d) the elongated tube extending through the collar portion from the lower surface to the upper surface proximal to the first end of the collar portion;
e) an elevated cylinder extending from the upper surface of the collar portion in alignment with the elongated tube forming a first opening and a continuous channel from the opening of the elevated cylinder through the distal end of the elongated tube; and
f) a valve extending outwardly from the transverse opposing side wall at the first end of the collar portion, the valve forming a second opening communicating with the continuous channel of the elongated tube.
15. The apparatus of claim 14, wherein the elevated cylinder has an outer surface that includes at least one annular groove.
16. The apparatus of claim 15, wherein the outer surface of the elevated cylinder includes a plurality of grooves.
17. The apparatus of claim 14, wherein the valve can be opened and closed by the user to allow controlled outflow of a fluid.
18. The apparatus of claim 17, wherein the valve is manually operable.
19. The apparatus of claim 14, wherein the oval cannula apparatus includes a sealing means for sealing the first opening in order to prevent the outflow of fluid through the first opening, the sealing means being formed to allow a fluid inflow device to be inserted through the sealing means while preventing the outflow of fluid through the sealing means.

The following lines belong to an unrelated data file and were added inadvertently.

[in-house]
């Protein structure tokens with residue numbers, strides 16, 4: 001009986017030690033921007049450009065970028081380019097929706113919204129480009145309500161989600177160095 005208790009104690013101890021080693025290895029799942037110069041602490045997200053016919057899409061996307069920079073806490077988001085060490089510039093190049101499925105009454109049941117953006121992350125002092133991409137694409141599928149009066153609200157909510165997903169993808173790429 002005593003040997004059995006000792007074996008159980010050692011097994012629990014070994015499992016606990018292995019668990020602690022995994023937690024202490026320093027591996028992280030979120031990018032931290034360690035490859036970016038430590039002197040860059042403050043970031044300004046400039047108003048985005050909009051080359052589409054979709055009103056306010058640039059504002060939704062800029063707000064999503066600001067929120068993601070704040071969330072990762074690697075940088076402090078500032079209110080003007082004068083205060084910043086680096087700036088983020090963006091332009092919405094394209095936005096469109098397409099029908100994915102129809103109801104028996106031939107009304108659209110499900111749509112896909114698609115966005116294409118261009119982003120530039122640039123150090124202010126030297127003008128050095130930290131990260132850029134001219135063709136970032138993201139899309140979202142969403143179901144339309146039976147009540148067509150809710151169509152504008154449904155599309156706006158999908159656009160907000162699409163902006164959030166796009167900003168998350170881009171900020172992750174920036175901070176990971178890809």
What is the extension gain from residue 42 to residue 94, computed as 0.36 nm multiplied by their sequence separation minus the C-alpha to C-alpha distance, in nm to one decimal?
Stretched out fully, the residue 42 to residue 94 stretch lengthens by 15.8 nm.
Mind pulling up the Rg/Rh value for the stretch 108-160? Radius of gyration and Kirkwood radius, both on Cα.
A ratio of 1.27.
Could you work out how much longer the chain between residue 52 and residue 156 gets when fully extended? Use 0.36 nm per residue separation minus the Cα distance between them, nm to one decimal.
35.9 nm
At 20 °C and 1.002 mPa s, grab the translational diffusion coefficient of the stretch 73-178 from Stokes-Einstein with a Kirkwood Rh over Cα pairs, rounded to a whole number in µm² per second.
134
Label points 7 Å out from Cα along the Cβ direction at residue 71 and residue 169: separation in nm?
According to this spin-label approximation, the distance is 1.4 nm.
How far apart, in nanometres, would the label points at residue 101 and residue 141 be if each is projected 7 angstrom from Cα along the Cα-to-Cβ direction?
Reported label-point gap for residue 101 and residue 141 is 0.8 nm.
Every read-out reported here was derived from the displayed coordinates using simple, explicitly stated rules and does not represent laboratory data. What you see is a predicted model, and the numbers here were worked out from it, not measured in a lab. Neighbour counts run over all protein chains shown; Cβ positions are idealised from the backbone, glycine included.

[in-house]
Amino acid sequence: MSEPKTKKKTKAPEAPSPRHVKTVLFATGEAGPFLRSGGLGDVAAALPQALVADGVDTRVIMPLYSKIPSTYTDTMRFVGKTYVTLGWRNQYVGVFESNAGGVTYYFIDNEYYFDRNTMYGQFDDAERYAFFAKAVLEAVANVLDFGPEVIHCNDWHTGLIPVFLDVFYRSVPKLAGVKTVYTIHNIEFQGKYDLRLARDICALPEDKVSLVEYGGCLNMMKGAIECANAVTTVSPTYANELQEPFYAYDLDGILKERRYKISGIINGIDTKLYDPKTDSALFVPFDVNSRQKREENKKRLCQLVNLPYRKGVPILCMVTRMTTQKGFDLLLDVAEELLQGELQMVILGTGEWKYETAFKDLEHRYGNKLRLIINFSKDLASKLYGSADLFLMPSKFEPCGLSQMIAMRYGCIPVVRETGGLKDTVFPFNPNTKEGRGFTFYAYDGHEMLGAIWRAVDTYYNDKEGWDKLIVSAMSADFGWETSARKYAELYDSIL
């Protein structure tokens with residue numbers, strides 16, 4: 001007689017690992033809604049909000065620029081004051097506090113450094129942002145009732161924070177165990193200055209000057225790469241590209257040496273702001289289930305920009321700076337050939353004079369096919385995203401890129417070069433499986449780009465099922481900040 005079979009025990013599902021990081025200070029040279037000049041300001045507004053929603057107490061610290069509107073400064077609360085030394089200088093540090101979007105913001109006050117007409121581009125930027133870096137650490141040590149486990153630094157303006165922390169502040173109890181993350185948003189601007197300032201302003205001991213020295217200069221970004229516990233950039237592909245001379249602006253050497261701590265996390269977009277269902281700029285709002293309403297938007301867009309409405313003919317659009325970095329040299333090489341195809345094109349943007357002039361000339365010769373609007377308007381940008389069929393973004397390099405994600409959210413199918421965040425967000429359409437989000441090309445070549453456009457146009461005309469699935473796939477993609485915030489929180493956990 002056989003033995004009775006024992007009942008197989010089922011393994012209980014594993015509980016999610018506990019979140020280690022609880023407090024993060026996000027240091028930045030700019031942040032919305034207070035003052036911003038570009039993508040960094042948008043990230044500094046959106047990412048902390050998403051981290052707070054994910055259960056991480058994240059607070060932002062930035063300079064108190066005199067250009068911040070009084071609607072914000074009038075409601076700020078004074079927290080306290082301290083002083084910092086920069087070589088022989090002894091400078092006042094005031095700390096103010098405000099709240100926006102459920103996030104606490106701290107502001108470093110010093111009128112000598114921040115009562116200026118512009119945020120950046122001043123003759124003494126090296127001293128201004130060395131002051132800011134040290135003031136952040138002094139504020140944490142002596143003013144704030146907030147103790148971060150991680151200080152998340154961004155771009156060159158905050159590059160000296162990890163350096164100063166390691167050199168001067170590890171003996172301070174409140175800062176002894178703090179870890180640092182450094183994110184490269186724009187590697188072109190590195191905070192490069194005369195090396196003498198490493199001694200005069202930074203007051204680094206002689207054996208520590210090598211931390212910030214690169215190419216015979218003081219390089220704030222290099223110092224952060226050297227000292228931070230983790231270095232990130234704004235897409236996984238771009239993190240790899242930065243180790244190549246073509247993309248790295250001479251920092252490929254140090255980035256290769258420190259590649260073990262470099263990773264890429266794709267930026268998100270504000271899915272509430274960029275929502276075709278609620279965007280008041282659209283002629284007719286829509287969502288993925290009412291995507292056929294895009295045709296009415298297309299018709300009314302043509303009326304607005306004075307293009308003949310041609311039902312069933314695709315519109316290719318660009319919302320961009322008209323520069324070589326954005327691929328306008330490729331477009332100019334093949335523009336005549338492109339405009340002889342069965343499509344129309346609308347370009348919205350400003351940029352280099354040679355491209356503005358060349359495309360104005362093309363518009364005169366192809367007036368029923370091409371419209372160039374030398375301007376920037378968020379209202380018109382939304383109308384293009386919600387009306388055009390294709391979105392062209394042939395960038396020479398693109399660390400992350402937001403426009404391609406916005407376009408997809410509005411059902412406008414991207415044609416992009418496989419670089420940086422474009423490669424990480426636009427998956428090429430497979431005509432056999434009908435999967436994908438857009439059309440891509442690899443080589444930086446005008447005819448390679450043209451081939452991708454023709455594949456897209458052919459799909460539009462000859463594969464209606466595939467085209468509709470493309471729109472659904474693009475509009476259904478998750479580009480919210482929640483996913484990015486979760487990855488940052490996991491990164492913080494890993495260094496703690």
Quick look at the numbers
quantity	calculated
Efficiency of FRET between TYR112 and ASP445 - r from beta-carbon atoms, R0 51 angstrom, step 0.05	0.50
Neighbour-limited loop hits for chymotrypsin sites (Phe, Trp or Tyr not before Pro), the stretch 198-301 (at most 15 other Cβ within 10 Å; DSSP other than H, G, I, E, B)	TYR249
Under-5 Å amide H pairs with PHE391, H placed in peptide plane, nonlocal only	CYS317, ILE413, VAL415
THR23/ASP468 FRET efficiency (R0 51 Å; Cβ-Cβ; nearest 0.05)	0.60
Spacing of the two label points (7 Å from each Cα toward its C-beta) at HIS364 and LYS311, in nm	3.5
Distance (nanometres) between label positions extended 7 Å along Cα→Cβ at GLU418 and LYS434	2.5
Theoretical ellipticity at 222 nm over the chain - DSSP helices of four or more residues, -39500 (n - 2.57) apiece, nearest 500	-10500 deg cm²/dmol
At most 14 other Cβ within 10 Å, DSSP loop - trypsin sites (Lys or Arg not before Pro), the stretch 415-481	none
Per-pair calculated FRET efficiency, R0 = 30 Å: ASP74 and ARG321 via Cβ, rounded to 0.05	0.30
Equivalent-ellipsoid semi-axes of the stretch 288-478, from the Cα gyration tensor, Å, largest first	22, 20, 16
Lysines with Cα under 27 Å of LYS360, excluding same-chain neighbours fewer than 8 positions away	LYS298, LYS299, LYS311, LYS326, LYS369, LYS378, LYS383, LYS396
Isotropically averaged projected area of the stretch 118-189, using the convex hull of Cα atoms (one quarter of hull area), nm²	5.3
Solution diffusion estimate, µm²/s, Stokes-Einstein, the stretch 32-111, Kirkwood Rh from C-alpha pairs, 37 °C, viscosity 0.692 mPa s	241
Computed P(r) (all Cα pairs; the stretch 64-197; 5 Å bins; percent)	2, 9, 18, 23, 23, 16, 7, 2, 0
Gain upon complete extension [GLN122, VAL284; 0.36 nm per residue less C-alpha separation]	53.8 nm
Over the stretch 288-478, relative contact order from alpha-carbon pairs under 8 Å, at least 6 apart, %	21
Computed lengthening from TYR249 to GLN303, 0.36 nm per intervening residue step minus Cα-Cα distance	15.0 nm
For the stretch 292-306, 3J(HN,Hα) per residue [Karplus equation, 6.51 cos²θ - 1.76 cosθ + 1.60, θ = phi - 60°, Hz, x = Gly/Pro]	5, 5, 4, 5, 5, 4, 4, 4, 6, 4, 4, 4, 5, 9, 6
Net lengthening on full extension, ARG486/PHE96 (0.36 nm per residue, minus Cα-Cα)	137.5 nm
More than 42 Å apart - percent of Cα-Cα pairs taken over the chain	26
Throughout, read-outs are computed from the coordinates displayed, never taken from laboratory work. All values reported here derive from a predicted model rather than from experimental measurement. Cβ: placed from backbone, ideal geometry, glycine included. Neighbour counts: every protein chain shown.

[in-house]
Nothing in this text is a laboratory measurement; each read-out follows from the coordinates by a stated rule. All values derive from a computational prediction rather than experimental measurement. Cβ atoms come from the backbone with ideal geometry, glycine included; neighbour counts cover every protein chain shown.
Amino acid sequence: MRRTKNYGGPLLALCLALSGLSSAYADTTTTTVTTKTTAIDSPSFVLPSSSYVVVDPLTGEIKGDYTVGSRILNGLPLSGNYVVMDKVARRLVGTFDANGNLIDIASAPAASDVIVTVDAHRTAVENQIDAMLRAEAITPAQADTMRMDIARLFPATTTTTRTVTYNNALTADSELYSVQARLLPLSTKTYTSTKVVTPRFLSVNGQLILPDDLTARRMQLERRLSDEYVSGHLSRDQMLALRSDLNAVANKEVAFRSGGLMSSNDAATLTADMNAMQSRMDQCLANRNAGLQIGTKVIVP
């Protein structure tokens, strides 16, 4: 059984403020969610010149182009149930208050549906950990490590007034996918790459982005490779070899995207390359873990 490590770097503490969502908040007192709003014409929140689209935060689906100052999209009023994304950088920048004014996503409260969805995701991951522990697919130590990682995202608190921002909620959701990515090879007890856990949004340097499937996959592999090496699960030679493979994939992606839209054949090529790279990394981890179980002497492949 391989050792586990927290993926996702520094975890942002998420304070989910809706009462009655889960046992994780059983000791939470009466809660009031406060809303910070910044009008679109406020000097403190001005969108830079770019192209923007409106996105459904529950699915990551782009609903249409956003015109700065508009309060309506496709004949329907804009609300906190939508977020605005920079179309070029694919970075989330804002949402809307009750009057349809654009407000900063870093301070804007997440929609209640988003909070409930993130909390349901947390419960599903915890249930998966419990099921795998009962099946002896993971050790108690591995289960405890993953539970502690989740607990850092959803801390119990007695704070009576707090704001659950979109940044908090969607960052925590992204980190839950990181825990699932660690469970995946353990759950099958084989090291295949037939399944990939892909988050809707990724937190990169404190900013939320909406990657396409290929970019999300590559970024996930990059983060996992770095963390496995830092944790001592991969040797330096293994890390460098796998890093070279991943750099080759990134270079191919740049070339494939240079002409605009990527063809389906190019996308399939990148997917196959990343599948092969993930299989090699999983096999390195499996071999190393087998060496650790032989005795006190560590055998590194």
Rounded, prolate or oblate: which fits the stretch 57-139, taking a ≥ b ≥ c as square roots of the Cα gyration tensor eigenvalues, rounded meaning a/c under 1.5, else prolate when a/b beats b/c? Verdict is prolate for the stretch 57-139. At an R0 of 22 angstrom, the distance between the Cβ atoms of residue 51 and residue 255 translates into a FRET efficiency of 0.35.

20. The apparatus of claim 14, wherein the elongated tube and the first and second openings of the oval cannula allow for the introduction of a fluid through the first opening and the continuous flow of fluid through the elongated tube and out the second opening, providing an irrigation system for the percutaneous surgical disc procedure.
21. The apparatus of claim 14, wherein the elongated tube generally has a Y axis dimension of between about 3 to 11 millimeters and an X axis dimension of between about 5 to 22 millimeters and a length of between about 50 to 250 millimeters.
22. An apparatus for percutaneously performing surgical procedures on the spinal region of a patient, comprising:
a) a obturator for advancing through a percutaneously created fenestration of the annulus of the disc of a patient;
b) an elongated member;
c) the combination of the elongated member and the obturator having a generally oval shape upon assembly when the obturator is placed adjacent to elongated member;
d) a guide for guiding the obturator and elongated member together in an adjacent position;
e) an oval cannula having a generally oval shaped bore that can removably receive the obturator and elongated member assembly, the oval shaped bore enabling a user to insert more than one instrument at a time into the bore when the obturator and the elongated member have been removed from the oval shaped bore.
23. The apparatus of claim 22, further comprising means for withdrawing fluid from the oval shaped bore.
24. The apparatus of claim 23, further comprising valve means for controlling the flow of fluid from the oval shaped bore.
25. The apparatus of claim 22, wherein the oval cannula further comprises an enlarged fitting at a proximal end of the oval cannula.